Togo were due to face Ghana in their opening Group B match in the African Nations Cup tomorrow in Cabinda, but it is still uncertain whether the Togo team will return home.
O'Neill, however, believes Salifou will be badly affected by the incident.
The Northern Irishman, interviewed on BBC Radio Five Live's Sportsweek programme, said: "Something like that is going to live with him for a very long time, if not for the rest of his life. It was very, very harrowing and he is actually a very sensitive lad.
"He's very popular in the dressing room. He's very quiet. He's got a wry sense of humour, but he's an exceptional fellow and I think he will take this very badly indeed.
"We have a number of people at the football club who I think can help him. Some of the players who are quite close to him will give him as much counselling as possible but I'm hoping in time he will be able to settle down and get back to playing."
It was confirmed on Friday night that the bus driver was killed in the incident, while an assistant coach and a press officer are also reported to have died from their injuries.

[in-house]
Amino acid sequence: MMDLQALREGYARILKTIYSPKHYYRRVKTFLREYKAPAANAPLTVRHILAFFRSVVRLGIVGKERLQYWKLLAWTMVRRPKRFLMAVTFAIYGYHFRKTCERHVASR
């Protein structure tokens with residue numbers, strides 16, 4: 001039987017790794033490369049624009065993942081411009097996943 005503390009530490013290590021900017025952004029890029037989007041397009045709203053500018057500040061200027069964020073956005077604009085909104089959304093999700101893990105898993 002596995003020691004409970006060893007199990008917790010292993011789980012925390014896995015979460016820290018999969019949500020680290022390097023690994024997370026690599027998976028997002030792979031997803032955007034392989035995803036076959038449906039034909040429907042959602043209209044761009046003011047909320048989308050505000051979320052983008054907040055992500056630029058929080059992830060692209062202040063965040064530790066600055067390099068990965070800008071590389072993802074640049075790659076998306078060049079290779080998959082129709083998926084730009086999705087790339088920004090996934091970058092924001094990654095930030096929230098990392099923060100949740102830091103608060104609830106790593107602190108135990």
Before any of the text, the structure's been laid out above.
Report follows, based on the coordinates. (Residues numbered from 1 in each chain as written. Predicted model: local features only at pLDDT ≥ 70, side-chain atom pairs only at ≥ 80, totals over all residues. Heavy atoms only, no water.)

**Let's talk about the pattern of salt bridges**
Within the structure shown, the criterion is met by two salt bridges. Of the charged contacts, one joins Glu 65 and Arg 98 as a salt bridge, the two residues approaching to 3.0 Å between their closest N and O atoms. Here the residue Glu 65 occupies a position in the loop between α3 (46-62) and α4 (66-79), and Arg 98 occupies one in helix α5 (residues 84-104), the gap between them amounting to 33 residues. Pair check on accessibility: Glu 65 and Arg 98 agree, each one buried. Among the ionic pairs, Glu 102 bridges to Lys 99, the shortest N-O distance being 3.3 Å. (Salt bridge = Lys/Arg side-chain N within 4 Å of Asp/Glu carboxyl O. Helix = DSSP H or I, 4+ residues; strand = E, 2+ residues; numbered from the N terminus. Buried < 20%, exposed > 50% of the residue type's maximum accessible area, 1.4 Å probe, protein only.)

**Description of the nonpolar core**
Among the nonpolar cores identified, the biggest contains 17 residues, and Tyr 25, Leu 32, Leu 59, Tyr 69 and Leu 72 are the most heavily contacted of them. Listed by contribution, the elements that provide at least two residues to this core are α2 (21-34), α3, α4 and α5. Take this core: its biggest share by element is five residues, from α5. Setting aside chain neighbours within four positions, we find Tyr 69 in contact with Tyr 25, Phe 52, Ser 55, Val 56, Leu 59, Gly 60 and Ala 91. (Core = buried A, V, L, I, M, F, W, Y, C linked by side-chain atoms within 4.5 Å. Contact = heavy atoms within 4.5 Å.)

O'Neill added that he would prefer the players to come home if that is what the national federation decided.
Salifou spoke on the official Villa website yesterday, describing the team's ordeal and underlining his personal desire to leave Angola.
He said: "We all want to go home to Togo. We don't want to compete in the tournament because our assistant manager has been killed and also the press and communications officer. As a team, we have made this decision.
"We must wait, however, so that we can speak to our federation president and some people from CAF and let them know that we don't want to play. We can't play in these circumstances and we want to leave for home today.
"To be honest, I can't sum up how I feel at this moment. My parents keep calling me from Togo every 30 minutes just to make sure I am okay and to see how things are going here."